Saturday, March 17, 2007

The City DESK - Rory Riddler, Councilman Ward 1

Do We Have What It Takes To
Hold Candidates Accountable?

There are few things that every candidate running for office in the City of St. Charles has in common. Yes they all have two eyes. I’m talking about something beyond the obvious. Give up?

Every single candidate voluntarily signed a clean campaign pledge.

The document’s somewhat verbose heading reads: A Promise To The Public For A Campaign With Integrity. The City Clerk keeps them all on file. I don’t know if a single person has ever looked at them, but like Social Security, I hope it’s there when I need it.

Every candidate promised to offer only “factual” information with regard to themselves and the past records of those in office. They promise that their campaign, including themselves and, perhaps more importantly, those who work in support of them, will not make untrue statements, either verbally or written, about their opponent.

It goes on to read that each candidate pledges not to engage in personal or character attacks in any manner. Seems pretty straightforward and ironclad to me. Much like the prenuptial agreement between Brittany Spears and Kevin Federline.

With such universal agreement this should be the cleanest campaign on record…if, and this is an important if…the voters demand it.

Just above the signature of each candidate for office are the words: “I made these promises to the people of St. Charles.” That’s a pretty solemn vow. It is, in fact, a contract between each of you and those who seek to represent you in local government.
Before you ask, the answer to the question of who enforces these promises is, well you. No one at City Hall will. There is no Department of Personal Responsibility. There are no fines, fees or penalties unless you exact them. There is no referee or judge beyond your own good judgment and sense of smell.

So what do you look for? Few candidates sink to the level today of what I’ll call the bold-faced lie. They prefer to employ one of several variations to the truth.

There is your basic half-truth. Provide only the information you want your audience to have. Leave out the part where you opponent perhaps saved a child from drowning or found a cure for cancer.

Another example of the half-truth tactic would be taking hundreds of hours of footage from meetings and then editing it down to a couple of minutes where an office holder yawns, roll their eyes to the ceiling or perhaps raise their voice. Add some very expensive creative editing, a few words taken completely out of context, some eye of newt and allow to simmer in a black cauldron.

Twisting the truth is a step up from telling half-truths. This takes a little more creativity. If you voted to protect taxpayer money by vigorously defending the city against what you felt was an unwarranted and abusive lawsuit then your opponents will say “Your failed leadership cost the taxpayers excessive legal fees.” Never mind if your defending the suit saved the city over $100 million that the plaintiff wanted.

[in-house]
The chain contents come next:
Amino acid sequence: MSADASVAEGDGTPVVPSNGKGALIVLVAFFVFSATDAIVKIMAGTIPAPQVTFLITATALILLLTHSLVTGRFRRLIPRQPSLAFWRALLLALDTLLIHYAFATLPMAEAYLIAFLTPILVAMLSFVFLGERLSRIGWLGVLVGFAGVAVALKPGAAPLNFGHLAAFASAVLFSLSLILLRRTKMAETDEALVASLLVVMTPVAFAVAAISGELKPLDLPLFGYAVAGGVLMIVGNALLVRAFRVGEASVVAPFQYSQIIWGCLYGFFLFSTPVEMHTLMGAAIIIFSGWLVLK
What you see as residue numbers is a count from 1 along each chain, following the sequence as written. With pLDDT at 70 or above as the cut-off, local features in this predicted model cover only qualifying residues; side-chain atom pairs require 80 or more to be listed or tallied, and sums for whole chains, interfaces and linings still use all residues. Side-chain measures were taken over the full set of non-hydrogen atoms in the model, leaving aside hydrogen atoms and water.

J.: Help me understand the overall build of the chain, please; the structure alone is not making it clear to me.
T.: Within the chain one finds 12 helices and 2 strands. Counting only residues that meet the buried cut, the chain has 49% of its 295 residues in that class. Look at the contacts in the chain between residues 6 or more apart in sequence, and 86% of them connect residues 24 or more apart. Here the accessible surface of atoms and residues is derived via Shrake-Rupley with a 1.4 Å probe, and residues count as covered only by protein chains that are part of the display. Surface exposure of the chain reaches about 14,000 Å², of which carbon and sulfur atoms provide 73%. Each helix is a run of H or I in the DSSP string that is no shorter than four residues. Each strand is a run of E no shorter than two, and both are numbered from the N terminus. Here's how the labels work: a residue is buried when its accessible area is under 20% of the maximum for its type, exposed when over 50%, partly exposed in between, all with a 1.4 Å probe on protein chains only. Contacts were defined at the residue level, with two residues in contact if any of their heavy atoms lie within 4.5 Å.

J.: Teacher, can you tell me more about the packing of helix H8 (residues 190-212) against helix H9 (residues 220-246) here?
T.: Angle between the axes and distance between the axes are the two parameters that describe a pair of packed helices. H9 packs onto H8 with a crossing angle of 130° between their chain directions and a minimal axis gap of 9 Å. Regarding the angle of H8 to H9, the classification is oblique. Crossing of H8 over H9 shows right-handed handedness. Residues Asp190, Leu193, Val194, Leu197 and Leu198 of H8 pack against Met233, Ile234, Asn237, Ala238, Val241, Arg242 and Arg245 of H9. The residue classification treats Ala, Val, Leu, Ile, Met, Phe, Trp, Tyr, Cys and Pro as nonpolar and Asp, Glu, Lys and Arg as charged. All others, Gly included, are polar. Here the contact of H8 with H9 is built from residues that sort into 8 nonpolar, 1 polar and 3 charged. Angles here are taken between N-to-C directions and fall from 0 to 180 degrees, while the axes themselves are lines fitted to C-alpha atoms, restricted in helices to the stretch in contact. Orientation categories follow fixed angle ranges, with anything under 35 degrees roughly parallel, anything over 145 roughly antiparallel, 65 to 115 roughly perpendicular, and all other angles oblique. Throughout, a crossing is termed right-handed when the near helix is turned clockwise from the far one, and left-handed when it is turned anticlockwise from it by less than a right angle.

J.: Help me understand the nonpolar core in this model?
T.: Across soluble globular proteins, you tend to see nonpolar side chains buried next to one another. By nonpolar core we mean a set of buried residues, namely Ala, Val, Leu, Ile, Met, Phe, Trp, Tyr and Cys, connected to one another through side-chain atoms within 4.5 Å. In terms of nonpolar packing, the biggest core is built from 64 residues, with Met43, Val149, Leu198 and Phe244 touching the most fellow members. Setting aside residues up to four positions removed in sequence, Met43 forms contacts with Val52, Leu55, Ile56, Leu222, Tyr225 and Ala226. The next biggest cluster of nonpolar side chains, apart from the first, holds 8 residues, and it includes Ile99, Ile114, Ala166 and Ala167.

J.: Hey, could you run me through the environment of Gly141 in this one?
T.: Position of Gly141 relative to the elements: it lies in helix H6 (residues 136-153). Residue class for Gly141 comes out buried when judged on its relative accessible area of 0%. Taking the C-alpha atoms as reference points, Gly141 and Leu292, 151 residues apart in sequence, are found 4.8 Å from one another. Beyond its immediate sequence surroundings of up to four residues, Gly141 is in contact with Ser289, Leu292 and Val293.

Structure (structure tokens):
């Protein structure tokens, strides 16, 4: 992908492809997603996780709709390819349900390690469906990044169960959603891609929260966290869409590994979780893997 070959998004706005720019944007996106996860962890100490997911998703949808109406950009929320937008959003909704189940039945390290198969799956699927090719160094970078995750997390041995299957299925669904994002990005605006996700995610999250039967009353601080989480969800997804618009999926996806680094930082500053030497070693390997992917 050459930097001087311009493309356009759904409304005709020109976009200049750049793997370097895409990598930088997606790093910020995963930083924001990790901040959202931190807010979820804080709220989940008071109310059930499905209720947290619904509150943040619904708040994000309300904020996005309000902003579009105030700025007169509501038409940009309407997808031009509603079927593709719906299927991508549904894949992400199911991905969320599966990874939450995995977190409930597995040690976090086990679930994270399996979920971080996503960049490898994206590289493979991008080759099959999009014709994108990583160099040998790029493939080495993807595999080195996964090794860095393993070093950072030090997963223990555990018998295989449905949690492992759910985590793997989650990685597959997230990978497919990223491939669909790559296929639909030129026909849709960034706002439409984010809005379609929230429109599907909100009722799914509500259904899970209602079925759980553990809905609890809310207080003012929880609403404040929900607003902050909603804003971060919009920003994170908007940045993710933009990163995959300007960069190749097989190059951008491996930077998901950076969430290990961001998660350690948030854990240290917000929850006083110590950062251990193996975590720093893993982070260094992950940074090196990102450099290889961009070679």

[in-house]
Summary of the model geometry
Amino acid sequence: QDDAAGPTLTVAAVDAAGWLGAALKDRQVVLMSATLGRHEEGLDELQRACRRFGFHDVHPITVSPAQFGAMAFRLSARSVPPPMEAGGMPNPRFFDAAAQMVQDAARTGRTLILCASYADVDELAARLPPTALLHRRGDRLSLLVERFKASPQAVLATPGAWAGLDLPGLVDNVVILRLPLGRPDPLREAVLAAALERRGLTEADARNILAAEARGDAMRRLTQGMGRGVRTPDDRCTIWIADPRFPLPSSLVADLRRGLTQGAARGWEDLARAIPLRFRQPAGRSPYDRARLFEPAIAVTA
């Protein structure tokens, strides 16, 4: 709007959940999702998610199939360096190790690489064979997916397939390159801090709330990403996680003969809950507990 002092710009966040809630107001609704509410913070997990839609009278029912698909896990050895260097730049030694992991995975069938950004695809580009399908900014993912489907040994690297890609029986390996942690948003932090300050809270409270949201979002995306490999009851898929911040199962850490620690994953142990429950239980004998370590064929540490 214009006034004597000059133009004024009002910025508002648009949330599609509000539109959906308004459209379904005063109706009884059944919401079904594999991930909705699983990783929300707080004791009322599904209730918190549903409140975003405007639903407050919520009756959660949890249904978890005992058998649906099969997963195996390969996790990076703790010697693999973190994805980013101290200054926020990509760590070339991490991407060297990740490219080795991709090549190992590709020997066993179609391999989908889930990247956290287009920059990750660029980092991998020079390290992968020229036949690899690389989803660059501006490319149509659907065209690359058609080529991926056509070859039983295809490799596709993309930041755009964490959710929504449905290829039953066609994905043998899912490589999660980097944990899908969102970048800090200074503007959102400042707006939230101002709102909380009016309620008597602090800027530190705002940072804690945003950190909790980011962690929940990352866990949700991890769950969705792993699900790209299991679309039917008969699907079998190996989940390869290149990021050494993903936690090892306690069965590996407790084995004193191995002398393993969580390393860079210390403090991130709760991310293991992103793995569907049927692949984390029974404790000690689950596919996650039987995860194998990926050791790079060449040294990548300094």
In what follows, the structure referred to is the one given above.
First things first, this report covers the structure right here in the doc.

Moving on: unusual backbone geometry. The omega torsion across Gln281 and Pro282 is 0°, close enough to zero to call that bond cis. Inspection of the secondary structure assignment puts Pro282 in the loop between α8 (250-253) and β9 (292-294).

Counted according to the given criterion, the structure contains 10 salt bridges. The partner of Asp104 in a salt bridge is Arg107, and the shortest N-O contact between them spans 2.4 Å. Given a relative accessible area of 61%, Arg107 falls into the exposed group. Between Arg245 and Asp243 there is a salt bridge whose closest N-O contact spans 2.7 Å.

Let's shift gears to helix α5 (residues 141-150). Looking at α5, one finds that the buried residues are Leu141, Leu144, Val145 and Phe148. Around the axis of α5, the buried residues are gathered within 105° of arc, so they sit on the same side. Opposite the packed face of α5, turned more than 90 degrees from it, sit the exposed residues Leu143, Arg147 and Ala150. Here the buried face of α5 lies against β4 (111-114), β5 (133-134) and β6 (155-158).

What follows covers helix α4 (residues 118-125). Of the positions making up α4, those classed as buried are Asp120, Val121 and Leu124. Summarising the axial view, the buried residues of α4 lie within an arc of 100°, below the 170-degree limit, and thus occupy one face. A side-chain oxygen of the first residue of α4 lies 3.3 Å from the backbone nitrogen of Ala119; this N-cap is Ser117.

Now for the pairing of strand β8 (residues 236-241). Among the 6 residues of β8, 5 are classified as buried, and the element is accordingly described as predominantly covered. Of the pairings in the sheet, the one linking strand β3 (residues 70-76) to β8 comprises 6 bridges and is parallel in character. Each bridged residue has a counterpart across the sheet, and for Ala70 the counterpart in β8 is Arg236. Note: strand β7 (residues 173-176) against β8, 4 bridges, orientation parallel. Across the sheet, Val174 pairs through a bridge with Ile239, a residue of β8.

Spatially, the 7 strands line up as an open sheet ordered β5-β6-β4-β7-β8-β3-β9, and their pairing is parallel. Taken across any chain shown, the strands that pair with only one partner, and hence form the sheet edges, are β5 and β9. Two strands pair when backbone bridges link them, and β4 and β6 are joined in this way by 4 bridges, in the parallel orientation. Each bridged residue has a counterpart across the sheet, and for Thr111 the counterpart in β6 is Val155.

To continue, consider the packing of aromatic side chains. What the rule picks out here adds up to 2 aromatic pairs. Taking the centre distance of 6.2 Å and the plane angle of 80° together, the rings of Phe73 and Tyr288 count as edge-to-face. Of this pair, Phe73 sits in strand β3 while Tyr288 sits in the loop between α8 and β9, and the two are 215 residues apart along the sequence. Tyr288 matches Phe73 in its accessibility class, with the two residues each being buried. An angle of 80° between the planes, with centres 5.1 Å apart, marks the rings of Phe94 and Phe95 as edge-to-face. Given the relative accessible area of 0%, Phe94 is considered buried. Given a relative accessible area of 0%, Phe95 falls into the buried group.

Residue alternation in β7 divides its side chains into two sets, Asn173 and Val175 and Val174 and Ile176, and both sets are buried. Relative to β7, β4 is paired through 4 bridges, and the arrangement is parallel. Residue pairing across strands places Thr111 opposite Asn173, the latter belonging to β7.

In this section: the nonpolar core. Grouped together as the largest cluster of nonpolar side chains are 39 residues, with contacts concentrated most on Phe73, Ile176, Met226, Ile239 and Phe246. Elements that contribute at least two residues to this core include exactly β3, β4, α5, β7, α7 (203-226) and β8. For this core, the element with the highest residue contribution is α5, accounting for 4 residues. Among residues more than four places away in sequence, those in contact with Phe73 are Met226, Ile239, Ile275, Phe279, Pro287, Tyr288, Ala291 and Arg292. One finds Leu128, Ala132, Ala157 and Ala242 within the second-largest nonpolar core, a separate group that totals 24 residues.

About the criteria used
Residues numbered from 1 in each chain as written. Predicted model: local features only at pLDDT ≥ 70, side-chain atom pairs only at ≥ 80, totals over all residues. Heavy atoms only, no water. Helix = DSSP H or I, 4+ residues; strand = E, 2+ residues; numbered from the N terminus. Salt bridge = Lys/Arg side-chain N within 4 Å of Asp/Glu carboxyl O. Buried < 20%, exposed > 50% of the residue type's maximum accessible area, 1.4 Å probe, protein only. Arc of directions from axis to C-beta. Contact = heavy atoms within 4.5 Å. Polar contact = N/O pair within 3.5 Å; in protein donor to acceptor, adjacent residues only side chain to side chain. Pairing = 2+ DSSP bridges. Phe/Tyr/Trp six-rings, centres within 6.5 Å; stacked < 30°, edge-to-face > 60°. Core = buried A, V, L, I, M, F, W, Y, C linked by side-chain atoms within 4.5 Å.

There is also guilt by association. It doesn’t matter that you had no knowledge of someone else’s troubles. If anyone you ever met did anything wrong, they have a paint brush wide enough to paint you both.

Mudslinging is more like mud wrestling in St. Charles County. Or perhaps it is more like mud volleyball. You know the kind where they dig a three-foot deep hole, fill it with water and expect you to play volleyball while trying not to catch hepatitis. Most campaign literature that begins with the words, “My opponent is…” will probably turn out to be mudslinging. That phrase seldom ends with the words, “…a very nice guy.”

Last minute smear attacks are simply those attacks made in the 11th hour of any campaign. The opponent hopes you won’t have time to answer. It is like a sucker punch. Start by asking yourself simple questions. If this person is as bad as all that or did such and such, why am I only hearing about it a week before the election? Why am I reading about it in a piece of campaign literature, funded by Slovakians For Good Government?

Someone whose name escapes me in the wee hours, once said people get the type of government they deserve. I don’t believe anyone deserves bad government, but I do believe voters need to say enough is enough. I am already sick and tired of the 2008 Presidential Campaign and full-scale mudslinging hasn’t even begun. They’ve barely started kicking sand at each other.

I believe that negative campaigns threaten our democracy by alienating people from wanting to participate in the process. How many people do you know who are willing to have themselves and their families dragged through the mud of a modern campaign? How many simply decide not to vote?

The solution to this problem is simple. Don’t reward negative campaigning.

Make a clean campaign pledge to yourself. Simply resolve to not tolerate last minute political smear campaigns. Don’t reward candidates who place so little value on their own clean campaign pledge.

An old maxim of mine is that people are no better at being elected officials than they are at being candidates. What you see is usually what you get.

And if there really is a Slovakians For Good Government Committee…I was only kidding.